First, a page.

with Jaycee Dugard and Rebecca Bailey, Ph.D.

  • Invited plenary, The International Association of Forensic Psychotherapy, Yale University
  • Invited Grand Rounds, Cambridge Health Alliance/Harvard Medical School
  • International Society for the Study of Traumatic Stress, Annual Meeting

Adolescent relationships, sexual development and social media

  • American Academy of Psychiatry and the Law, Annual Meeting
  • Harvard Medical School Annual Conference on Sexuality and Gender
  • Harvard Medical School Annual Conference on School Mental Health
  • Phillips Academy, Andover, MA
  • Beaver Country Day School, Chestnut Hill, MA
  • Buckingham, Browne & Nichols School, Cambridge, MA
  • Derryfield School, Manchester, MA
  • Hingham Public School, Hingham, MA
  • The Rivers School, Weston, MA
  • Family Online Safety Institute, Washington, DC
  • Williston Northampton School, Easthampton, MA
  • Division of Developmental Medicine, Boston Children’s Hospital, Harvard Medical School
  • Child Psychiatry Fellows seminar series, Massachusetts General Hospital, Harvard Medical School
  • Harvard Graduate School of Education
  • Harvard Law School

Commercial sexual exploitation of adolescent girls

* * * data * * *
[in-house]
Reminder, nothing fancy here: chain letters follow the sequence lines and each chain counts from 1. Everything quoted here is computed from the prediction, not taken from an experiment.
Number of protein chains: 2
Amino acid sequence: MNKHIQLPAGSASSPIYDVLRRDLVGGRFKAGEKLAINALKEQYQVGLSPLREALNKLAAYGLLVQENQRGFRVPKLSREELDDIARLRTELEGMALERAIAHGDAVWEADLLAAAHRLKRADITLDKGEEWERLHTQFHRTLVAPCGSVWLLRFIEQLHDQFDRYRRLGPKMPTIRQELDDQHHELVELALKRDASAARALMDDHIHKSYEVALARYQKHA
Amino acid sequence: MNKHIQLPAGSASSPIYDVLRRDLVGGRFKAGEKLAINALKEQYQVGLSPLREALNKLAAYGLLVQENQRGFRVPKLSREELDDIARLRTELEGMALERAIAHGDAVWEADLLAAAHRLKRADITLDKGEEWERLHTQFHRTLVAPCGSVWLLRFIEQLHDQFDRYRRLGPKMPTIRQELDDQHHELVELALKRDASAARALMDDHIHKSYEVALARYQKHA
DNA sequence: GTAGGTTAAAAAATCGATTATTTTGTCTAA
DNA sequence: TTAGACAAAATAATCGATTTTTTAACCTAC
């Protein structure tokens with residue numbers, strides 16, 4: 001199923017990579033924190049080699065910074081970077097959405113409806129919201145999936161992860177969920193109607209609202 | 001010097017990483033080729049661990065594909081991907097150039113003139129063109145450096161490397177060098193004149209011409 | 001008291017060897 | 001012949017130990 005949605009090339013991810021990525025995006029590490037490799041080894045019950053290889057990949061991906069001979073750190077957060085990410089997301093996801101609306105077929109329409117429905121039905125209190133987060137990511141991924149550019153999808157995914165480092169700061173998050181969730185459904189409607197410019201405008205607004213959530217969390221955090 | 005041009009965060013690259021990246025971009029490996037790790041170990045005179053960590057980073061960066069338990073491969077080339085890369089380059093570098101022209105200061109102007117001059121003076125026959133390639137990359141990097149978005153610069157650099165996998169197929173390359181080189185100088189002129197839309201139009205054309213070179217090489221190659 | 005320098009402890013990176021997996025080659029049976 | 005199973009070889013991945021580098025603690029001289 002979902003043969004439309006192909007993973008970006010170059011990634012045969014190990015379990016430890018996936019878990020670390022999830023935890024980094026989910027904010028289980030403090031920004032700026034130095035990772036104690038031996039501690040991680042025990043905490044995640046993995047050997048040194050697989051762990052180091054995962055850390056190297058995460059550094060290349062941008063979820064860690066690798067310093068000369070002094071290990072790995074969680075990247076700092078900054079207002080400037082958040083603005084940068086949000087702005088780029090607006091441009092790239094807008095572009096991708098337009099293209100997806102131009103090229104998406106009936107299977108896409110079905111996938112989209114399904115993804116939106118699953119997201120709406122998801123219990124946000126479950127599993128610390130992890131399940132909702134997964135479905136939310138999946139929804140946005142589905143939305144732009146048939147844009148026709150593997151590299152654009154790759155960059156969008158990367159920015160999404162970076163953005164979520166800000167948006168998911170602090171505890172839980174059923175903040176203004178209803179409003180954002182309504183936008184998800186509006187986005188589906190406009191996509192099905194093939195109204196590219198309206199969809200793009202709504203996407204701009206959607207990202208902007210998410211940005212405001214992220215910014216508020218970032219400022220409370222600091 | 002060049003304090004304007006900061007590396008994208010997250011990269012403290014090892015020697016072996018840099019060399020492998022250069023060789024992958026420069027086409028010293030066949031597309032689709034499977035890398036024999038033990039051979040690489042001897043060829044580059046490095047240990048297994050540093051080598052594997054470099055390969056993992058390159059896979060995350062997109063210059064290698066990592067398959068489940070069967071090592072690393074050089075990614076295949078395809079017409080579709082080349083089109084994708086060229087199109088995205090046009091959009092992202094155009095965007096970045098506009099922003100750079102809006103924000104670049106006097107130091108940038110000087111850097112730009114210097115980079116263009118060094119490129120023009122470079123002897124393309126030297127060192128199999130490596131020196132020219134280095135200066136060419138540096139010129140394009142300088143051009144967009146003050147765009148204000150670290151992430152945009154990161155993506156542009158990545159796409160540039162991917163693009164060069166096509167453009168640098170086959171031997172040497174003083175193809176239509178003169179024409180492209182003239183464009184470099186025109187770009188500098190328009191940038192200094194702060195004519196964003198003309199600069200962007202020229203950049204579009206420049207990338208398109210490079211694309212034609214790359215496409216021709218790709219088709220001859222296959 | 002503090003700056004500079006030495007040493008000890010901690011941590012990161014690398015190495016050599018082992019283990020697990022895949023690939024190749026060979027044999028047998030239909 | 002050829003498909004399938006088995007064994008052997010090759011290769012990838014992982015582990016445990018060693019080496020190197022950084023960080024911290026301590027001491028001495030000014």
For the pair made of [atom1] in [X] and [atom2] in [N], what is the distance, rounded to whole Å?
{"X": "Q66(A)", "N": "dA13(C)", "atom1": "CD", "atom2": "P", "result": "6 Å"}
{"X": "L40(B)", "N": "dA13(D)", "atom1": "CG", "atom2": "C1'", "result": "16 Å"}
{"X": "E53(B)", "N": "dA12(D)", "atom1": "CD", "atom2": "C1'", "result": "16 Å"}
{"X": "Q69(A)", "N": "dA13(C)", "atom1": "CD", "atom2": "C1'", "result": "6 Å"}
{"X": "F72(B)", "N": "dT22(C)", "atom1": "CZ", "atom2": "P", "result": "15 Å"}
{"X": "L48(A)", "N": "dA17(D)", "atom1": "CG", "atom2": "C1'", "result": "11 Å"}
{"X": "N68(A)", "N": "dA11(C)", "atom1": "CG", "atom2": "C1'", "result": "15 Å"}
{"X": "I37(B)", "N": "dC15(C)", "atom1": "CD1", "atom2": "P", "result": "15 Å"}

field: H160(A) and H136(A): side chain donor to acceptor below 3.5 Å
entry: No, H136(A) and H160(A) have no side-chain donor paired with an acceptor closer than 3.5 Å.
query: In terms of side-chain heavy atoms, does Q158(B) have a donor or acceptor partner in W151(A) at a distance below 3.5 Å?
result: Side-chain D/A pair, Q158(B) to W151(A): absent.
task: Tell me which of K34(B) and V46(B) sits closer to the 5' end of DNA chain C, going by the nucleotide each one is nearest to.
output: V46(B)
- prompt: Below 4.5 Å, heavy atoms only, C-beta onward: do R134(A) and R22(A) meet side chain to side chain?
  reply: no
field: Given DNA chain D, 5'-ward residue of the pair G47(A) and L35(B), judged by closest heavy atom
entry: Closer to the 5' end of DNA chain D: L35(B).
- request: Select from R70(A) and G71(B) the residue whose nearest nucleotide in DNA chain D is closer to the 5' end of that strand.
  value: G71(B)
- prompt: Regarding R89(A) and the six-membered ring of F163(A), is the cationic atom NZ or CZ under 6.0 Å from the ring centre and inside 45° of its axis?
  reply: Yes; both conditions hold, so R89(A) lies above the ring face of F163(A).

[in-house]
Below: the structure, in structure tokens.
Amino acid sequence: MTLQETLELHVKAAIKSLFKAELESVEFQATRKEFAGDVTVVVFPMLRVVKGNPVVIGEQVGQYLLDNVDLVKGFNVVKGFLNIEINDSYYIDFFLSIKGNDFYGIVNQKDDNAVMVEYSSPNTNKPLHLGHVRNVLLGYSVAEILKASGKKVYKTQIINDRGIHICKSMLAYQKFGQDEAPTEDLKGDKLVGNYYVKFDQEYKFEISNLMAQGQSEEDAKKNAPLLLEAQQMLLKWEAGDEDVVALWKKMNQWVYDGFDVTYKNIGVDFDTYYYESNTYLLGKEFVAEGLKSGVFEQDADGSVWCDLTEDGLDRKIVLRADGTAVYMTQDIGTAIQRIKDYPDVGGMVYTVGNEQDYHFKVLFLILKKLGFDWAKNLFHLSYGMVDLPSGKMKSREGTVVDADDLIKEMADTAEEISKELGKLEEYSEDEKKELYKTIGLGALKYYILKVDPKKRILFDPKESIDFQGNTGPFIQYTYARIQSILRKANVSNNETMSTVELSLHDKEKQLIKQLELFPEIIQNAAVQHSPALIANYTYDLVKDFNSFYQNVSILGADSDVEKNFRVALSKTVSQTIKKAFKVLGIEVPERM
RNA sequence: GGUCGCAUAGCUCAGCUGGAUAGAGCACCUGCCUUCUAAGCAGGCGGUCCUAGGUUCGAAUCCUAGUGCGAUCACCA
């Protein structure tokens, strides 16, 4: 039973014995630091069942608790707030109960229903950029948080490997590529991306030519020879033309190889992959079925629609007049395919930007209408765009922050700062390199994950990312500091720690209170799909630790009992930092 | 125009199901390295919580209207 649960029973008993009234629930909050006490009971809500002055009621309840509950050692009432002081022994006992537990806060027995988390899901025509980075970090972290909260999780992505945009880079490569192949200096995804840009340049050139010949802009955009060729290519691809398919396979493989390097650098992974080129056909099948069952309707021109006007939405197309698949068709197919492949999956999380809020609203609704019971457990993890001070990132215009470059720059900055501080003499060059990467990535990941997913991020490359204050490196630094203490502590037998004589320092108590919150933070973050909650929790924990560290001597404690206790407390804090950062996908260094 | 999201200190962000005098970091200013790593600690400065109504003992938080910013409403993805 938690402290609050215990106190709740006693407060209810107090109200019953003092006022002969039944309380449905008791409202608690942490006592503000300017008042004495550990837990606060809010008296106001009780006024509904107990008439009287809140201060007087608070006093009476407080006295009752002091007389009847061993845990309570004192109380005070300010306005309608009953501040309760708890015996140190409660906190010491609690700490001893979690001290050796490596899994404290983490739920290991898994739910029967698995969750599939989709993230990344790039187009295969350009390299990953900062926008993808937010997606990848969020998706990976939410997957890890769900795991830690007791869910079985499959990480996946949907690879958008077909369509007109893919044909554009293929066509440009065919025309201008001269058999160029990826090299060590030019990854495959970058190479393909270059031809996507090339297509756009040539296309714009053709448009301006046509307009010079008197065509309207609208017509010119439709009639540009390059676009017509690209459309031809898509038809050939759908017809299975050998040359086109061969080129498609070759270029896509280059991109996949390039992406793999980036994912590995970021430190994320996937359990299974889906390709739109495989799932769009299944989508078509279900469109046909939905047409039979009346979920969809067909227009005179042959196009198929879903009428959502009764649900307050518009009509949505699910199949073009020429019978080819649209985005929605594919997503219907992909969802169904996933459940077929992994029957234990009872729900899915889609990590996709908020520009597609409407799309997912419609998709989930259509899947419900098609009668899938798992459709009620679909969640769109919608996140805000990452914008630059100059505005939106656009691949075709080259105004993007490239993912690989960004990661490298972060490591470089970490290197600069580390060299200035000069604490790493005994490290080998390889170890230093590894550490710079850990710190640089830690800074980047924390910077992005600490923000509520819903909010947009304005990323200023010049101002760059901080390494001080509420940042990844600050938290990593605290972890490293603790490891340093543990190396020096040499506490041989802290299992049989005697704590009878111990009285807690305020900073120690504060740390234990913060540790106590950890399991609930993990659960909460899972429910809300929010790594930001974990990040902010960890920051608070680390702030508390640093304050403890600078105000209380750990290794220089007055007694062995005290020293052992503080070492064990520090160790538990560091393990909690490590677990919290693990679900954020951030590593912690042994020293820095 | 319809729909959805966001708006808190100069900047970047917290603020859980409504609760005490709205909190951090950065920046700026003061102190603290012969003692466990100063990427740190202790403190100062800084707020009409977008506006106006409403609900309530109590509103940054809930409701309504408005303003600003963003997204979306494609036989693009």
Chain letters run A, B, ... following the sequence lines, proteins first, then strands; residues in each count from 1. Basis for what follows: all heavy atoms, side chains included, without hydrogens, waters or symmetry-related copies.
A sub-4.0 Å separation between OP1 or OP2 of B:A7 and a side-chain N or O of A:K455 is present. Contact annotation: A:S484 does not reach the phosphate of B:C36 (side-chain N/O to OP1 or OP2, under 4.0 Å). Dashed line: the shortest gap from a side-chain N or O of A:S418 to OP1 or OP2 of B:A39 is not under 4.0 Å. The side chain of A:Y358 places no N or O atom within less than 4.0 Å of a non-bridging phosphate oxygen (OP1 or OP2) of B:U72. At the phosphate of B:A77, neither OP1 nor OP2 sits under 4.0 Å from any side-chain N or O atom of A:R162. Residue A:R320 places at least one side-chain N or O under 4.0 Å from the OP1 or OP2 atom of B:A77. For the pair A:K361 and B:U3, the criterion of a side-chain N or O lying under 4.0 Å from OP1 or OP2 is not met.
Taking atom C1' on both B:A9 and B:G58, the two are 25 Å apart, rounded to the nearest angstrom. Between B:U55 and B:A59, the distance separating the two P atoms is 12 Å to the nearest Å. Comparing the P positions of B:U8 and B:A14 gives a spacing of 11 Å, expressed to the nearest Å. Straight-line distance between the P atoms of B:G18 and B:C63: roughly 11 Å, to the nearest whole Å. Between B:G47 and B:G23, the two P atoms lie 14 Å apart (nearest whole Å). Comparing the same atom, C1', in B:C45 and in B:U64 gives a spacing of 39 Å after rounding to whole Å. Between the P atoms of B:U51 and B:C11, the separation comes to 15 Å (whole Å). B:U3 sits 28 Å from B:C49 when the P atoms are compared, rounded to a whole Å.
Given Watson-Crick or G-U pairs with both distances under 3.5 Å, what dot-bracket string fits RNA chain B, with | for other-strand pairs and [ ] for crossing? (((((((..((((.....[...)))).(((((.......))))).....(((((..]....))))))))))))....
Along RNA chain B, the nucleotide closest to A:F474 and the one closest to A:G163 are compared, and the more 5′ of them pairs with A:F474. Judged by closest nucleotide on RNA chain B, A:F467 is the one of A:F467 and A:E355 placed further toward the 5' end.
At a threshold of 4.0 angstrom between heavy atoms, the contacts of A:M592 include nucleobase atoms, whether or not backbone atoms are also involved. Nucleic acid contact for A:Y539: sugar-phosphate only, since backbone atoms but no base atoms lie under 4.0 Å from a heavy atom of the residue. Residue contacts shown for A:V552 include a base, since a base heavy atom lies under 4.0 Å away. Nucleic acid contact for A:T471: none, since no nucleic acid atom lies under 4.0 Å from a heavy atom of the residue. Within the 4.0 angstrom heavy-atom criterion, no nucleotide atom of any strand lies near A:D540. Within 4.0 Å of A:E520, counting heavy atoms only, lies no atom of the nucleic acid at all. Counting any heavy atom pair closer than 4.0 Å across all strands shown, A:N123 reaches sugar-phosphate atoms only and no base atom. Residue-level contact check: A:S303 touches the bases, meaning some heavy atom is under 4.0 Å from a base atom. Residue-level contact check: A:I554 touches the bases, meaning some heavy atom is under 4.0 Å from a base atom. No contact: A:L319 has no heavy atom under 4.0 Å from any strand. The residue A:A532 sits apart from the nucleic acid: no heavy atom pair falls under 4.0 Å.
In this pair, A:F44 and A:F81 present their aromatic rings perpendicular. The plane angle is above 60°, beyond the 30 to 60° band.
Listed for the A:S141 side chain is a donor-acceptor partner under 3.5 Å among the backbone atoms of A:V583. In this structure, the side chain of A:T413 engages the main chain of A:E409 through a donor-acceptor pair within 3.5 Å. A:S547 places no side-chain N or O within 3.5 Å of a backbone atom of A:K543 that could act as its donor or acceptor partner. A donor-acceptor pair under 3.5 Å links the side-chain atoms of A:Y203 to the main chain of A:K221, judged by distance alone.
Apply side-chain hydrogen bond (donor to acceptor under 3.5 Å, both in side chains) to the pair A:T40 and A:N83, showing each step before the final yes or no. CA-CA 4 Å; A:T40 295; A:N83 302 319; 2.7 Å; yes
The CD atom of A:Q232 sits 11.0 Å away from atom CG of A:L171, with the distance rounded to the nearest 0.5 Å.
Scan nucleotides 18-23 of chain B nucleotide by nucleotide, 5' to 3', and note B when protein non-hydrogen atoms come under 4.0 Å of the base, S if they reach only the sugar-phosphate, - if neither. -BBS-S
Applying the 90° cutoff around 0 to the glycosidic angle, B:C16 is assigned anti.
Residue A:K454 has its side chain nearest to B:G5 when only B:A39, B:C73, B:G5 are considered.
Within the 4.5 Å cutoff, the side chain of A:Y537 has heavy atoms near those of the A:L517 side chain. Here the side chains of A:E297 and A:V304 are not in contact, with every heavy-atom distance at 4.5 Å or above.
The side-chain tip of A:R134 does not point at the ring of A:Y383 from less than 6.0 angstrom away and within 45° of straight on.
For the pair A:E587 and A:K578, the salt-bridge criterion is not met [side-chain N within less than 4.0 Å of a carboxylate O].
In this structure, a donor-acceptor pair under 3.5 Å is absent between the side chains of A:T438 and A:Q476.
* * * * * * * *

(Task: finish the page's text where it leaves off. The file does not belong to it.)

in the U.S.

  • Boston Juvenile Court Clinic
  • Cambridge Public School Administrators
  • National Association of Women’s Judges and Executive Office of the Massachusetts Trial Court
  • Rhode Island Family Court Conference
  • Harvard Graduate School of Education
  • MIT Workshop on Technology and Trafficking
  • American Psychology and Law Society, the American Psychological Association
  • Norfolk County Probation Department
  • Boston Medical Center
  • Invited Grand Rounds, Cambridge Health Alliance/Harvard Medical School
  • The Molly Bish Foundation

Consultation to parents, schools and agencies

Parents, schools and organizations often require the input of a clinical psychologist following a significant event or in anticipation of major changes. Rather than providing treatment, it is a consultant’s role to equip individuals or groups with psychological information and tools that address a specific question or issue. Dr. Judge frequently consults to schools and mental health professionals on the following topics.